Coronavirus: Opaque South Korean sect draws scrutiny with spike in infections

South Korean health officials wearing protective suit and spraying disinfectant in front of the Daegu branch of the Shincheonji Church of Jesus in South Korea, on Feb 19, 2020.
South Korean health officials wearing protective suit and spraying disinfectant in front of the Daegu branch of the Shincheonji Church of Jesus in South Korea, on Feb 19, 2020.PHOTO: AFP/DAEGU METROPOLITAN CITY NAMGU

SEOUL (BLOOMBERG) - An obscure religious sect in South Korea is drawing global attention after being linked to a sudden spike in coronavirus infections.

The group, called the Shincheonji - which translates to "new heaven and land" - accounted for at least 122 confirmed cases of the virus in South Korea on Friday (Feb 21), out of a total of more than 200. That represents a sixfold increase from earlier this week, when a person known to have joined a service of the sect in Daegu, a city of 2.5 million residents, was infected.

During worship, Shincheonji members sit on the floor, elbow to elbow and knee to knee, in services that typically last one to two hours. South Korea's health authorities say such close proximity for long periods may have caused the infection to spread rapidly among the congregation.

The country's Centres for Disease Control and Prevention said on Friday that it is examining the ties between branches of the sect in South Korea and in areas of China, including Hubei province.

The religious movement was founded in 1984 by Mr Lee Man-hee, now 88, who claims to be an immortal prophet sent by Jesus Christ to prepare for the end of the world. It counts about 300,000 followers at some 600 locations in 29 countries, stretching as far as South Africa, the Congo and Costa Rica. In China, it has seven churches, including in Beijing, Tianjin and Shanghai.

The group's website previously said it opened a church last year in Wuhan, the centre of the virus outbreak, though that detail can no longer be found on the site.

Wider Investigation

Korea's CDC initially advised 1,001 people thought to have attended services with the patient known as No. 31 to refrain from leaving home on Thursday. The CDC is widening its investigation and on Friday said it has obtained a list of 9,300 members of the sect and so far confirmed that 544 had symptoms for the virus.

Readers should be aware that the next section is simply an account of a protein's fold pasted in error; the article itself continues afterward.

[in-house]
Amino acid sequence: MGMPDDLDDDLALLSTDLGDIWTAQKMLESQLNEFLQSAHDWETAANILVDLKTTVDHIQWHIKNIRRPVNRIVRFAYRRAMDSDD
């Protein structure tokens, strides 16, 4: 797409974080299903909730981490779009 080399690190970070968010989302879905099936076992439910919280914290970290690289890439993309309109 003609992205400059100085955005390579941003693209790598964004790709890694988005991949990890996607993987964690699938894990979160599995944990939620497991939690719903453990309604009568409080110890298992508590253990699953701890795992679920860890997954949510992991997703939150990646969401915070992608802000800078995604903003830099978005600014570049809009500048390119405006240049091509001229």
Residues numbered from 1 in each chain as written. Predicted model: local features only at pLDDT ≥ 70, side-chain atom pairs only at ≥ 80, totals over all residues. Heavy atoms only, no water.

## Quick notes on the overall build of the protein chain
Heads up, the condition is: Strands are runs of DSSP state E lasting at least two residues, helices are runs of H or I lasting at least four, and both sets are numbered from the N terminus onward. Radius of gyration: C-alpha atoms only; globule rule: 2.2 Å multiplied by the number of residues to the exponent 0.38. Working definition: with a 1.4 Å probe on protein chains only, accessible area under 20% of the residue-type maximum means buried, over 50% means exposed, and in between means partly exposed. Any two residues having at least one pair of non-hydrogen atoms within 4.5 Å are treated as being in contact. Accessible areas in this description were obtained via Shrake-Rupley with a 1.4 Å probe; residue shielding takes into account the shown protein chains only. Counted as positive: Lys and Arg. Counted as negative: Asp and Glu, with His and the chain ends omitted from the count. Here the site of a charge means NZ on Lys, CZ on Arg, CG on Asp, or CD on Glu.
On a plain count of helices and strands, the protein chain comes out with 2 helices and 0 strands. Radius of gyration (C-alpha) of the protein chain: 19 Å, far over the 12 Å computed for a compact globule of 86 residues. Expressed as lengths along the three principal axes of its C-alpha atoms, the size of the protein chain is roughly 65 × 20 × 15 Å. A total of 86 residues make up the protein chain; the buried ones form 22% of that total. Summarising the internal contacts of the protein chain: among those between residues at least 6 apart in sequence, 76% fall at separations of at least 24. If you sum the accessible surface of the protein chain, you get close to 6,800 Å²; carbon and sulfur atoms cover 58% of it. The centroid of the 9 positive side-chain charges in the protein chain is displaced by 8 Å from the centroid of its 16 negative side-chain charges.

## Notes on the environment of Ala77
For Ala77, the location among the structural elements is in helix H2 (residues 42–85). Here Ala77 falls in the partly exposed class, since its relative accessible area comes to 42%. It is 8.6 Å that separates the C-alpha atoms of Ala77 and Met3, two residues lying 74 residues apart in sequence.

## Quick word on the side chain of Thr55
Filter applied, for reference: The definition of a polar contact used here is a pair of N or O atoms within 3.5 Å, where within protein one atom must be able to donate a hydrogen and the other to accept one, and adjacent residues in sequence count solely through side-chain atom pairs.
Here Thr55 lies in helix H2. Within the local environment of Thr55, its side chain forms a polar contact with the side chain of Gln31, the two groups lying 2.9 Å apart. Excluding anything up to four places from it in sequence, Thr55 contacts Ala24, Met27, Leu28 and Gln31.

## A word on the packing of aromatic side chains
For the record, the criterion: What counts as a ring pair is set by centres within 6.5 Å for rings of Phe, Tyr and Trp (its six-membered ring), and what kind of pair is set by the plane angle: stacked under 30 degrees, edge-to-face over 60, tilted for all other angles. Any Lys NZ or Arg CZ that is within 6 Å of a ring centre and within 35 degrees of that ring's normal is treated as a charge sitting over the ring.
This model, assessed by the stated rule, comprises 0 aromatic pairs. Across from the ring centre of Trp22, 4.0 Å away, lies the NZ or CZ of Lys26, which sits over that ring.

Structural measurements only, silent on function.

The Seoul Metropolitan Government said it will shut down all four Shincheonji branches in the city in a pre-emptive move to prevent further contamination in the capital area, home to almost half of South Korea's 51.8 million population.

Mr Hong Yeun-ho, who has been leading an anti-Shincheonji campaign after his daughter joined the sect for two years, said hundreds of the church members sit on the floor in a tightly woven line.

 
 
 

"Only those who have completed a six-month education on the sect and formally enrolled as members can attend their services," Mr Hong said.

All members must register their fingerprint on a scanner to enter an office building where the services are held, a process Mr Hong said makes them feel chosen and proud. Attendants remain seated on their knees throughout the service, chanting "amen" and singing en mass, he said.

The sect's founder claims to have royal bloodline, even though he was born into a poor farming family. A guiding star led him to meet "a spiritual being from heaven", the sect says.

"Lee later found out that he himself was the messenger sent from above to pass on the complete Revelations to the churches on the land," the sect said on its website.

Numerous calls to Shincheonji - whose full name is Church of Jesus, the Temple of the Tabernacle of the Testimony - went unanswered.

On its website, the group reacted to reports about the spread of the virus.

"Media are reporting as if we're the main culprit of the virus spread, calling the way we do the service unique, whereas the reality is that we have to sit on the floor only to accommodate as many people as possible in a confined space," according to a statement.